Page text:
The above question may seem counterintuitive; especially to anybody who has ever seen Whole Foods Market’s (NASDAQ: WFM) prices, but it is a valid one. Recent financial reports call the business model of organic supermarkets into question.
A particularly troubling number at Whole Foods and its competitor, Sprouts Farmers Market (NASDAQ: SFM) is the profit margin. Whole Foods profit margin fell to a four year low of 1.93% on December 31, 2016. That was a drop of 1.32% which is obviously not good.
The discounter Sprouts reported a similar drop, its profit margin fell from 3.03% in December to 1.73% in December 2016. Sprouts is also making less money, it reported a net income of $128.99 million in December 2015 and $124.31 million in December 2016. Whole Foods saw an even steeper drop in net income from $526 million in December 2015 to $445 million in December 2016.
Whole Foods and Sprouts are Making Less Money
The two national-organic supermarket operators are making less money. Yet both their businesses are growing. Whole Foods’ revenue increased from $15.55 billion in December 2015 to $15.81 billion a year later. Sprouts’ revenues grew from $3.593 billion in December 2015 to $4.046 billion 12 months later.
It looks as if there is a strong market for organic foods but profits it is harder to make money at it. Sprouts cash from operations actually fell in 2016 dropping from $269.76 million in March 2016 to $254.35 million at the end of the year. Meanwhile Whole Foods cash from operations increased significantly rising from $995 million in March 2016 to $1.68 billion in December.
Why are Whole Foods and Sprouts Making Less Money?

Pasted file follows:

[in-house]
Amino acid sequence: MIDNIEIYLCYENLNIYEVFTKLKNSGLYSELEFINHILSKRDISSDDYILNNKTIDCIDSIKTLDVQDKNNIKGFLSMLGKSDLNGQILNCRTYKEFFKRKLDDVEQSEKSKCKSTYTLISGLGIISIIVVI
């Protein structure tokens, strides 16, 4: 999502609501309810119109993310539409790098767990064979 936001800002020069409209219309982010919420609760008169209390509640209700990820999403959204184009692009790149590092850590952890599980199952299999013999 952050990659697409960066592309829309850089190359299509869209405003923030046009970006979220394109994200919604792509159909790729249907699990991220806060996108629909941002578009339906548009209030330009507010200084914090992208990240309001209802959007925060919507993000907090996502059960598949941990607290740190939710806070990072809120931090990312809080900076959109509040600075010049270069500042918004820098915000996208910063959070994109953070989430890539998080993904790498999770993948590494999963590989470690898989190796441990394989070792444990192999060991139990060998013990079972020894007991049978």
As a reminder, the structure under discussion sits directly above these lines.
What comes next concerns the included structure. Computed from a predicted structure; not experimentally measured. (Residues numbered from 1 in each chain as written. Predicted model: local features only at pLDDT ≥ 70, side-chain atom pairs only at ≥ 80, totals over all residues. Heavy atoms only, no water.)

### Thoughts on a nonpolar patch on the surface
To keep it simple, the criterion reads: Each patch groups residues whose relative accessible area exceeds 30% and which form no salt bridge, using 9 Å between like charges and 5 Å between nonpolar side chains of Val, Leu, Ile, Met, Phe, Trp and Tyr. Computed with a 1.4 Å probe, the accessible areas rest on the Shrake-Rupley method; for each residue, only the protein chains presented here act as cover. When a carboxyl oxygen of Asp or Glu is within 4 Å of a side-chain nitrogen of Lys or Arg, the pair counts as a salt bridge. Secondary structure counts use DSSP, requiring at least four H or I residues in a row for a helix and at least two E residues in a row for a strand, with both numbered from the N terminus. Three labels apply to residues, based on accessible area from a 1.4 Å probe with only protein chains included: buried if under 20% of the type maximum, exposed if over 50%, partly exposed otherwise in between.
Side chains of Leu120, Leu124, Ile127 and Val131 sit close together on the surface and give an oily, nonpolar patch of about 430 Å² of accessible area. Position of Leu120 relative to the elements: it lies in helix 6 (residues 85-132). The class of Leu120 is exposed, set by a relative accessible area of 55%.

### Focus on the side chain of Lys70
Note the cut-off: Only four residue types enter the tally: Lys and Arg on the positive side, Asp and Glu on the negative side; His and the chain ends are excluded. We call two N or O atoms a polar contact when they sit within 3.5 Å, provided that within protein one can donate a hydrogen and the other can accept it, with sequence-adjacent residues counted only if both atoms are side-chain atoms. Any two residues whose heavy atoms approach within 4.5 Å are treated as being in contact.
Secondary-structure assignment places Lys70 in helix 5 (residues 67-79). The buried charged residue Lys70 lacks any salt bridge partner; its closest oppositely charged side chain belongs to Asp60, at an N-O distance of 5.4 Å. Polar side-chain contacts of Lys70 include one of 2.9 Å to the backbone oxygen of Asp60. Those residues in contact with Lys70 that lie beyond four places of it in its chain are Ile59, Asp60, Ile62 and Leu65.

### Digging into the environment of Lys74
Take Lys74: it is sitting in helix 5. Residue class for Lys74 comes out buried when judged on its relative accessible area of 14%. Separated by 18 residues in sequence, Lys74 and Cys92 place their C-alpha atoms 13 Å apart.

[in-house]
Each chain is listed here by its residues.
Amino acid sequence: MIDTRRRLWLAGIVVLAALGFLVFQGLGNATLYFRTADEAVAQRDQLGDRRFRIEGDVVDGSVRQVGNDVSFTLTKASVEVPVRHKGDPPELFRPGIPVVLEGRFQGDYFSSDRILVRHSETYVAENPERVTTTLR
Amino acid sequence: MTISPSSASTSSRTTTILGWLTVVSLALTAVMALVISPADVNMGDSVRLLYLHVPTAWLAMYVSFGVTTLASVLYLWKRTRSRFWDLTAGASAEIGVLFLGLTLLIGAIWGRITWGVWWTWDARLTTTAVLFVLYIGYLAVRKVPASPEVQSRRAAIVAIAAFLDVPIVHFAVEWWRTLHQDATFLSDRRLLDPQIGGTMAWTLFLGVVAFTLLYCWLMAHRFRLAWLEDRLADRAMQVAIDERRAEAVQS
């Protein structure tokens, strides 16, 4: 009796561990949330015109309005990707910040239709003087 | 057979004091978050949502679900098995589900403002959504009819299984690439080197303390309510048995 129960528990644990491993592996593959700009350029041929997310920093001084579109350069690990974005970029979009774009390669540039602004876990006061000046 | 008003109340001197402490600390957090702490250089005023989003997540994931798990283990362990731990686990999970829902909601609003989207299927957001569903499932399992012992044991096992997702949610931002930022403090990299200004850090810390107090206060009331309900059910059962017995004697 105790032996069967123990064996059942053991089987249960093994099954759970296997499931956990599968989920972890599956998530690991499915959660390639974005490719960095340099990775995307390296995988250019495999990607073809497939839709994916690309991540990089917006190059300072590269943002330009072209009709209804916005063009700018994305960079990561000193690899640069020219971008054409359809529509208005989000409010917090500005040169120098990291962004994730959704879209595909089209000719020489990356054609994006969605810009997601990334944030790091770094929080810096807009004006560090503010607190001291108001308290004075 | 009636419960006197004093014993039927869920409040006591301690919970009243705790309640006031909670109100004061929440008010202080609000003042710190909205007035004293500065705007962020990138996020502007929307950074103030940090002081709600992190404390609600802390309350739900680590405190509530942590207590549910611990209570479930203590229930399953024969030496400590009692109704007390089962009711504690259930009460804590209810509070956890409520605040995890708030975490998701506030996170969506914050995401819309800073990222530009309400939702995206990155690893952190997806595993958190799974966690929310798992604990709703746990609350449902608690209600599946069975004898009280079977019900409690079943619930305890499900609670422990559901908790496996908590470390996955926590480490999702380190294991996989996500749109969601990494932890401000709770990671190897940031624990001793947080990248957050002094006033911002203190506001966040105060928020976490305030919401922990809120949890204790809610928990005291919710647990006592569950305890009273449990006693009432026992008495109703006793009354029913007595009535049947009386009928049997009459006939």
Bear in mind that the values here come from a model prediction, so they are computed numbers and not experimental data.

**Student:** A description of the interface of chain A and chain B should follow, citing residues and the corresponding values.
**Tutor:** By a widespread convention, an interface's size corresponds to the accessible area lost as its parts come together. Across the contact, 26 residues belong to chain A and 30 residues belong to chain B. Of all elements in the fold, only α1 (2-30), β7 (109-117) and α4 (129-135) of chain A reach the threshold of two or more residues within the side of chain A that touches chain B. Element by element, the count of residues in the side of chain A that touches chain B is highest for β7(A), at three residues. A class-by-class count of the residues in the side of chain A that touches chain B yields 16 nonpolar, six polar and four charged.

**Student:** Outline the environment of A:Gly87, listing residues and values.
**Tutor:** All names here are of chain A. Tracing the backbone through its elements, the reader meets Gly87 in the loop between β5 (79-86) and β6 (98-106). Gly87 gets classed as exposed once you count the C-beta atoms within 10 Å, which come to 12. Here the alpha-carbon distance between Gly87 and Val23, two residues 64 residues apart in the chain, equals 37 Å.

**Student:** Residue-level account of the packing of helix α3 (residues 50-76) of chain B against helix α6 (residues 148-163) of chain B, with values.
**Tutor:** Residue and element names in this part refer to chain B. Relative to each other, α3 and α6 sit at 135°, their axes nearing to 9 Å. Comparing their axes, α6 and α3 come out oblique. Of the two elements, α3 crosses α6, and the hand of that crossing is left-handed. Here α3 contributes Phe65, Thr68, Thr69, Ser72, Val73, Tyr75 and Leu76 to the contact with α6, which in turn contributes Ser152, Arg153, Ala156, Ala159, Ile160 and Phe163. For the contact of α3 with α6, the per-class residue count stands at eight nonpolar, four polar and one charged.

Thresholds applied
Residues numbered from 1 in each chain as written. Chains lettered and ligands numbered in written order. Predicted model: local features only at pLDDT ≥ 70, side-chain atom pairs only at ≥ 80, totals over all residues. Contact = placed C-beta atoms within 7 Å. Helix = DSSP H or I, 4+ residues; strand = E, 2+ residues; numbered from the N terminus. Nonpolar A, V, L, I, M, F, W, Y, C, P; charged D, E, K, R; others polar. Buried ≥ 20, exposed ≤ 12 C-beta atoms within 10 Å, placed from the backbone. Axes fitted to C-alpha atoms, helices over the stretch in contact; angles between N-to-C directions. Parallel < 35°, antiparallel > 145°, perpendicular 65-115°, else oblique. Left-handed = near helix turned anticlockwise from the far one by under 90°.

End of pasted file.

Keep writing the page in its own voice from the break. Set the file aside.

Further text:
Whole Foods and Sprouts are victims of economics and a dramatically changing grocery business. Two developments in particular threaten their business model.
The first is food deflation; grocery prices dropped by .2% in 2016, the Bureau of Labor Statistics reported. This makes it harder for grocers to charge premium prices, and leads to lower profit margins. Sprouts and Whole Foods are particularly vulnerable here because unlike Kroger (NYSE: KR) and Safeway they lack other sources of revenue such as pharmacies and filling stations.
The second is the movement of bulk discounters such as Kroger, Walmart (NYSE: WMT), Amazon (NASDAQ: AMZN) and Aldi into the organic sector. Kroger and Walmart can easily afford to use organics as a loss leader to bring in customers.
Kroger’s presence in the market is growing fast, its natural and organic sales are projected to reach $16 billion in 2017, Market Realist reported. That exceeds Whole Food’s revenues and would make Kroger the industry leader.
The Threat from Kroger
That alone should scare Whole Foods and Sprouts to death because Kroger’s resources are vast. It reported $115.3 billion in revenue on January 31, 2017. Kroger is also an aggressive discounter particularly in areas it wants to dominate such as organics.